The tantalizing tipping point between a simple collection of coloured squares and an identifiable image is fascinating to me; as the eye takes in the work, the mind tries to organize the image into a recognizable object or impression.  The viewer moves closer, then withdraws, squints and tilts their head as an image begins to explain itself, sometimes immediately, sometimes evolving at a gentler pace as the composition is dwelt upon.

The squares, or pixels, are made from hand-dyed sycamore veneer and each one is unique, possessing its own natural grain pattern and texture.  I enjoy the way this gives the material its own voice and an element of control over the final picture: there can be no thought to the blending of colours or textures, each square has its own boundaries and steadfastly maintains its individual presence.  Likewise, the notion of line is a redundant concept, the composition relies solely on the relationship of the squares to one another, they are at once individual but never detached.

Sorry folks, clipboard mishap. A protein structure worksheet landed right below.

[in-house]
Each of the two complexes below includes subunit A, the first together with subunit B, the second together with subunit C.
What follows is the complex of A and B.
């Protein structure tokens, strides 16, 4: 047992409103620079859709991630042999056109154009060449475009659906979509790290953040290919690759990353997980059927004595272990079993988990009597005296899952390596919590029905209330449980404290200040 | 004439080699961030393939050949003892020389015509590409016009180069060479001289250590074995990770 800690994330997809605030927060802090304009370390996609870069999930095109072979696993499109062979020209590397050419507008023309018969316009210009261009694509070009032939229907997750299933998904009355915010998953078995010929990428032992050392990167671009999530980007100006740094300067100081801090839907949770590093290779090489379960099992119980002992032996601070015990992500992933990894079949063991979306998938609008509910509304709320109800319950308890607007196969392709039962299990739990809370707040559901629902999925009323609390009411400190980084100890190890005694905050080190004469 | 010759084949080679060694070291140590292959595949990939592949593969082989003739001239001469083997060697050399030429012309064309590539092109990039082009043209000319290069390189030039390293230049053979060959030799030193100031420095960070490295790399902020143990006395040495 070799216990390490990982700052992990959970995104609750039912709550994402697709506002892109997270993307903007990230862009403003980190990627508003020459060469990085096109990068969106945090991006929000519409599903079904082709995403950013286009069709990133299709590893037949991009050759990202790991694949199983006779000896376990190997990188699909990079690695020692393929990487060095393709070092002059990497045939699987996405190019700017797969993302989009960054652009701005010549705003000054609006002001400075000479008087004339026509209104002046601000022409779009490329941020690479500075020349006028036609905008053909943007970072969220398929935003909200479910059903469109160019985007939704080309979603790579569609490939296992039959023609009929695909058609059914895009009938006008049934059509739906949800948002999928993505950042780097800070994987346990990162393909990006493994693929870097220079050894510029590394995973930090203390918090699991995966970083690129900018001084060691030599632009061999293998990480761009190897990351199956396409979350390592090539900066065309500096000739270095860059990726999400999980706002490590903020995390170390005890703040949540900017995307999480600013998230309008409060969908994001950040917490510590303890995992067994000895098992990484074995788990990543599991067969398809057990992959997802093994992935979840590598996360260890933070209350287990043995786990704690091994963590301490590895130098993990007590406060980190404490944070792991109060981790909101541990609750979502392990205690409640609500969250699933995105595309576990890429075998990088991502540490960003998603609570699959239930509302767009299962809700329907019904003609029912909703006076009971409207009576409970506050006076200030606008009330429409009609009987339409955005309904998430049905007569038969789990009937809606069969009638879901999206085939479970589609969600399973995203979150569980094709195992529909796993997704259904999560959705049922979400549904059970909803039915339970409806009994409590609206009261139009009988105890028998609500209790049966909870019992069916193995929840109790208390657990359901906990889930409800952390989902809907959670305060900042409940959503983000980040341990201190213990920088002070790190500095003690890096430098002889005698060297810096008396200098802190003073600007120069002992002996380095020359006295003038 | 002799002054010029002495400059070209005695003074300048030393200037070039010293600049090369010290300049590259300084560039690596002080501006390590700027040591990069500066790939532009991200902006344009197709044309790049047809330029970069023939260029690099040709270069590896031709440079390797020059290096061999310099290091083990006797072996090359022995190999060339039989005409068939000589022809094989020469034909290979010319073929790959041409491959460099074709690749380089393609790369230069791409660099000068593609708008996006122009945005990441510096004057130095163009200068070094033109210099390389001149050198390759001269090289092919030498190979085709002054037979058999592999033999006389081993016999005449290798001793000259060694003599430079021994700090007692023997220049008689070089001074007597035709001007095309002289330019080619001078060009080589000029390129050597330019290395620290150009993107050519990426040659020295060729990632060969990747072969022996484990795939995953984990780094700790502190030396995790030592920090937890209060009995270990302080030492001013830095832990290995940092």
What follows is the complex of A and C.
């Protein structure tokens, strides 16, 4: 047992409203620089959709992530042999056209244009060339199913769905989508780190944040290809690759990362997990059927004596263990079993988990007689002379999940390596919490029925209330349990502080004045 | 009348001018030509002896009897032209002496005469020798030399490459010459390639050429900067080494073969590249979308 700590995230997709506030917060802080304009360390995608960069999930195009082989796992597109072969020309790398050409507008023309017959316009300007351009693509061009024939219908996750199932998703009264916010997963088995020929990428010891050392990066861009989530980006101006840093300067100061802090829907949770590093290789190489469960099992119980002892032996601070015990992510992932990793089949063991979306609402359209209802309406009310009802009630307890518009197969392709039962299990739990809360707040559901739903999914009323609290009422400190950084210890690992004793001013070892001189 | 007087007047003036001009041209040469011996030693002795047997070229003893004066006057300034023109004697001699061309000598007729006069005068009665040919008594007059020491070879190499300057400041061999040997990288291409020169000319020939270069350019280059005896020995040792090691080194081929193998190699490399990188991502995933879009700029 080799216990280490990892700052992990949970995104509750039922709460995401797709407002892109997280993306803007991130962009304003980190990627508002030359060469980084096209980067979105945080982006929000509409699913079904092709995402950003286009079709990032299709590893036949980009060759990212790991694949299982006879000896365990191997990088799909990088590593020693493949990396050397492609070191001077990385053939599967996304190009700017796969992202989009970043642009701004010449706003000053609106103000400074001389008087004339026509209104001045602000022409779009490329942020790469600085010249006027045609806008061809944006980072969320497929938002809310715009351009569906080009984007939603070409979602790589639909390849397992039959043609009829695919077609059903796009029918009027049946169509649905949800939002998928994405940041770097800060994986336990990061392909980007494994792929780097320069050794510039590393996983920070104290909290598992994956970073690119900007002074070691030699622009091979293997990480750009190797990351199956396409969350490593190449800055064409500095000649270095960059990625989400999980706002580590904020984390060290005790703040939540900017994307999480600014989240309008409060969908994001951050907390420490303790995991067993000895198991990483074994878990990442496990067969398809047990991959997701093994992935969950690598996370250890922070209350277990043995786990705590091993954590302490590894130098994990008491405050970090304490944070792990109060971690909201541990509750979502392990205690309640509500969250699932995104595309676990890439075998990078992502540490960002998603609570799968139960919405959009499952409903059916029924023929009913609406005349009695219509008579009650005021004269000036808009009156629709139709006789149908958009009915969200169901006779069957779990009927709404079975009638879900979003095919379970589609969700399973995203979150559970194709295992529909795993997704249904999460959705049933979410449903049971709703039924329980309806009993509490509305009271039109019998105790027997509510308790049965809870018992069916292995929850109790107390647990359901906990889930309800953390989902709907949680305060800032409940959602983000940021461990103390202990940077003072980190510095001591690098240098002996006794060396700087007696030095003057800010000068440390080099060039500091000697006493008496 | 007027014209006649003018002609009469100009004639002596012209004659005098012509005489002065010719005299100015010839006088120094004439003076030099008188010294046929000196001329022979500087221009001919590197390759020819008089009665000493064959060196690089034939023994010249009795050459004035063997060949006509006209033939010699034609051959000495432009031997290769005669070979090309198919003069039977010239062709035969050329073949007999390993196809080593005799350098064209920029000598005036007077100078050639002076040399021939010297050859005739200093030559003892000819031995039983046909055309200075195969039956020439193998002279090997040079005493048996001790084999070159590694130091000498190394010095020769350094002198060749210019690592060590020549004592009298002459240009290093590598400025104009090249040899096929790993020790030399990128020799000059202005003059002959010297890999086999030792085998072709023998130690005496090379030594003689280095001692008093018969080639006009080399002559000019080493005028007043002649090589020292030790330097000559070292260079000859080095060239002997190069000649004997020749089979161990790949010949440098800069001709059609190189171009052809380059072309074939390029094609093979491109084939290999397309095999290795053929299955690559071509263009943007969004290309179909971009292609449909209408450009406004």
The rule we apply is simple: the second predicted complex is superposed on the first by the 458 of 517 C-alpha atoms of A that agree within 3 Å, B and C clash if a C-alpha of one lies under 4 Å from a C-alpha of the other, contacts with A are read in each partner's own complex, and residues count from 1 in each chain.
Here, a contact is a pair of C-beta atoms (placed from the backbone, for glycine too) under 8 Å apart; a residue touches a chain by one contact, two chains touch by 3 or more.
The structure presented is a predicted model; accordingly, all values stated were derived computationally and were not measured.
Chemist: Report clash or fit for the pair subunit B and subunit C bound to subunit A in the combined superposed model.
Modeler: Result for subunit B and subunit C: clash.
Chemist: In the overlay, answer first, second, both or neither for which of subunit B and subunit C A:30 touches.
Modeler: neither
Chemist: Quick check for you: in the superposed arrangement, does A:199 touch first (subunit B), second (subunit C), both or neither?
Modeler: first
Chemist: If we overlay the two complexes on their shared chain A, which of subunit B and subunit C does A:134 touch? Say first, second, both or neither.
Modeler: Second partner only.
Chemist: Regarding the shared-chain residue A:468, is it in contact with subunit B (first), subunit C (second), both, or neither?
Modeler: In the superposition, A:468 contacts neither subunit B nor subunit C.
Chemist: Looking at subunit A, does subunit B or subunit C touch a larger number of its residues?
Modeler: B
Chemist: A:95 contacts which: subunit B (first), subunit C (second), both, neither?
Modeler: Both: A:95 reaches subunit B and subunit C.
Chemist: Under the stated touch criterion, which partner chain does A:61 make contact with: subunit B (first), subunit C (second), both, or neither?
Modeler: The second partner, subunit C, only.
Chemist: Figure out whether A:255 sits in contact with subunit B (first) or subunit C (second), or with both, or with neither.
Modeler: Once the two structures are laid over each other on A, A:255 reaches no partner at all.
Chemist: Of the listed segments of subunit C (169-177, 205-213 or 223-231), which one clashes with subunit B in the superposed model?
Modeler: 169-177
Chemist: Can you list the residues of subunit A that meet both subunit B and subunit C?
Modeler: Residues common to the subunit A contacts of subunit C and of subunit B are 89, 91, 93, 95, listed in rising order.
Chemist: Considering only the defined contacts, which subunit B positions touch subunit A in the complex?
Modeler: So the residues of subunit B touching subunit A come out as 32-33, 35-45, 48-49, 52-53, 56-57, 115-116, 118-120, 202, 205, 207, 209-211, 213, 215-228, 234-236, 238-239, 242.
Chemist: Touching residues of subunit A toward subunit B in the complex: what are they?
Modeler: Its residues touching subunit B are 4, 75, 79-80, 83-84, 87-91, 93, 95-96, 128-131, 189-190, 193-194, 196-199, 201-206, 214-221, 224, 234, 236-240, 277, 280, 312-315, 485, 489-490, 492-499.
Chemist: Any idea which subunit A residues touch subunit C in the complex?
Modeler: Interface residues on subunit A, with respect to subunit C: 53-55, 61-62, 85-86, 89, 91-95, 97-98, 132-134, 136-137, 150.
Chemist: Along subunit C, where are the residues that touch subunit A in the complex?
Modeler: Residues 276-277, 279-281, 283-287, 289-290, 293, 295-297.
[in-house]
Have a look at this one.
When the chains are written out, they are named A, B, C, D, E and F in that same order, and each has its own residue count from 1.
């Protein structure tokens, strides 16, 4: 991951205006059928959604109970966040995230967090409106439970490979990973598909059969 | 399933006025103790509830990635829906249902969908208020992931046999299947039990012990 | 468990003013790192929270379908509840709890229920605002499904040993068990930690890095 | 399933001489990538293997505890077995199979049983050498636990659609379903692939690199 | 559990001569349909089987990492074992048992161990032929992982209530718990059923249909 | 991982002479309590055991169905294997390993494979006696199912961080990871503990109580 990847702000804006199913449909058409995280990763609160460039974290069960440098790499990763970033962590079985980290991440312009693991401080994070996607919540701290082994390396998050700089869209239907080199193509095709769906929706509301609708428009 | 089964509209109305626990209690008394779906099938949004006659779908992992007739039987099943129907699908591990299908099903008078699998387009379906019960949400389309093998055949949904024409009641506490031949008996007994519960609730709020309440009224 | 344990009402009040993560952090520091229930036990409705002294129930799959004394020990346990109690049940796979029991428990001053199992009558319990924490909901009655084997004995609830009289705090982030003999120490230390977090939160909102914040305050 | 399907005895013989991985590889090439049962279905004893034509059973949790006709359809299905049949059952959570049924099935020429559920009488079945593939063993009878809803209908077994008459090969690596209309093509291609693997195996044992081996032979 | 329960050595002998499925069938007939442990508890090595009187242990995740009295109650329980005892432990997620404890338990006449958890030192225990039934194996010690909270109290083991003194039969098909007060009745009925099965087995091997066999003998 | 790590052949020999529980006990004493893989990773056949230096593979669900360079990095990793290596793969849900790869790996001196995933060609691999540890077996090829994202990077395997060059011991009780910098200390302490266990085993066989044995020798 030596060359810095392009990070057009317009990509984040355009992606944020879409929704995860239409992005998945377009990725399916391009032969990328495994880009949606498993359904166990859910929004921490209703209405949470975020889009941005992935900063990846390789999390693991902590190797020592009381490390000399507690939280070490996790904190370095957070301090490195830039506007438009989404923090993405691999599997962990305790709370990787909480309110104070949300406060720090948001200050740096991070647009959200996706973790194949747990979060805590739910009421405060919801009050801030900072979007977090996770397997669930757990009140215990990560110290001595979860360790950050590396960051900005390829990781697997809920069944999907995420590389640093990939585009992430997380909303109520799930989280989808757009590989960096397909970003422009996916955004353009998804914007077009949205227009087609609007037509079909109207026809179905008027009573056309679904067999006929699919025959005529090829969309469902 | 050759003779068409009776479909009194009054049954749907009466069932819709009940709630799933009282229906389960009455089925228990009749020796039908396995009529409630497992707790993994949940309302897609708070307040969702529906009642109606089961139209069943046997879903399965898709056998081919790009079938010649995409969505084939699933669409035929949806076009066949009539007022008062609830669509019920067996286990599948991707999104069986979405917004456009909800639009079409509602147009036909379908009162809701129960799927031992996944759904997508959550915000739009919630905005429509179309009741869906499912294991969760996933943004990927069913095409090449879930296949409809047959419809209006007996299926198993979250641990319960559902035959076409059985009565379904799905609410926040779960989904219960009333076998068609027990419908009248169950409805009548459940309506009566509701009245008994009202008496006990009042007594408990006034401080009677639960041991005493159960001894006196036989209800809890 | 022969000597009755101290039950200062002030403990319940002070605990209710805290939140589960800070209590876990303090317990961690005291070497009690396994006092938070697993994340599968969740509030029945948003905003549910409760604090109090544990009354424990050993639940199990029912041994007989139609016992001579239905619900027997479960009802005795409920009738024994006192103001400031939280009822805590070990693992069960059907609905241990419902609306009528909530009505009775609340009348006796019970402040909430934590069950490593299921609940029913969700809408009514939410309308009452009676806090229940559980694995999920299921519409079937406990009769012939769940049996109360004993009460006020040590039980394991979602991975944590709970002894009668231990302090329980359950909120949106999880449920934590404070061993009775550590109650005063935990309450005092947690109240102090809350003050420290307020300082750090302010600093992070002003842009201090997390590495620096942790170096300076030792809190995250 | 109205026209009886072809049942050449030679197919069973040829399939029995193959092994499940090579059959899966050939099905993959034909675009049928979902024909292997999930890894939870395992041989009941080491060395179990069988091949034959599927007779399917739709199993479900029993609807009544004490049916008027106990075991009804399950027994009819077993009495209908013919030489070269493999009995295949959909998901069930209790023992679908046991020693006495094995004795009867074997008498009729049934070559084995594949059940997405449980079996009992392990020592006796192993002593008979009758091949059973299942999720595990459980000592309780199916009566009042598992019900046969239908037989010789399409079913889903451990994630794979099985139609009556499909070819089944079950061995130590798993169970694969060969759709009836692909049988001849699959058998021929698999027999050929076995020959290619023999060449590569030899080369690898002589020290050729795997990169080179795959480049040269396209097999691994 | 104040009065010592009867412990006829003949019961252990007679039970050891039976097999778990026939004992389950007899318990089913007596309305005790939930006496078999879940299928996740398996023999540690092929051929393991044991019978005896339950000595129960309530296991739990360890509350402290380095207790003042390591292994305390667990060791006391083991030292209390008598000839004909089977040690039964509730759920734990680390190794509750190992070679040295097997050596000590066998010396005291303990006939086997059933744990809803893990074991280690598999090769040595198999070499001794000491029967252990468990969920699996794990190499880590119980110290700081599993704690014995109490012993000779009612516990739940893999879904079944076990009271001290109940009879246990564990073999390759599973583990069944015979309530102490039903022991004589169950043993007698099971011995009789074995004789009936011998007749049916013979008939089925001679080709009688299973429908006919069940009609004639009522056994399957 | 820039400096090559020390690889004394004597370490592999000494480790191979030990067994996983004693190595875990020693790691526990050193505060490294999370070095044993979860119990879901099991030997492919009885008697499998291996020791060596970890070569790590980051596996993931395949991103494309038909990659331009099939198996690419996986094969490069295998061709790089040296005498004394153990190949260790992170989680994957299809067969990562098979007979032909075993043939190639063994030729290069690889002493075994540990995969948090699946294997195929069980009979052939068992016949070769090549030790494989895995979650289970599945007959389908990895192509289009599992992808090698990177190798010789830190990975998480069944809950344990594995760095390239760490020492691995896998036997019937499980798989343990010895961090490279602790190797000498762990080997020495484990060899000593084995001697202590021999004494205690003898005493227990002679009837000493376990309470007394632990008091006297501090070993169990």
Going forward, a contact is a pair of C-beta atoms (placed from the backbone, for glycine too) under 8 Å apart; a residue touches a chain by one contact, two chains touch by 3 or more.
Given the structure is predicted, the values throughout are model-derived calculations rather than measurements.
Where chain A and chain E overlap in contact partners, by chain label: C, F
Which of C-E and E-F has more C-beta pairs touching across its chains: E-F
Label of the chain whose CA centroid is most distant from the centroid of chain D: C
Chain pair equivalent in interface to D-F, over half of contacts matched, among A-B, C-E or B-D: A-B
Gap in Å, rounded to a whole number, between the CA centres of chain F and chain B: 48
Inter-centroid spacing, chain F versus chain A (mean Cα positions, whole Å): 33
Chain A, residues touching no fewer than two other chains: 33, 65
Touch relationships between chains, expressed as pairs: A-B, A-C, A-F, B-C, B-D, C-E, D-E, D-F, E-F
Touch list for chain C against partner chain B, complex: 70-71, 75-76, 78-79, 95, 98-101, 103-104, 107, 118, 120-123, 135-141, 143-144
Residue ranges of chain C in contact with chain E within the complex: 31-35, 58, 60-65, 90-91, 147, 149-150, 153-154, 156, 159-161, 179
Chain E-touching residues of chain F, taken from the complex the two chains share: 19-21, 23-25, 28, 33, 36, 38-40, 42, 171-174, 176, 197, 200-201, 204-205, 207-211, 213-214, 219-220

This combination of process and materials lends itself to the representation of bold, unpretentious subjects and requires an element of reduction or abstraction to achieve a successful composition.  Thus far, I have used still life and scenic views to explore the process, aiming to recreate the beauty of the object or scene without slavishly reproducing it; the essence of the work is in the interpretation of the subject matter combined with the unique quality that the materials possess.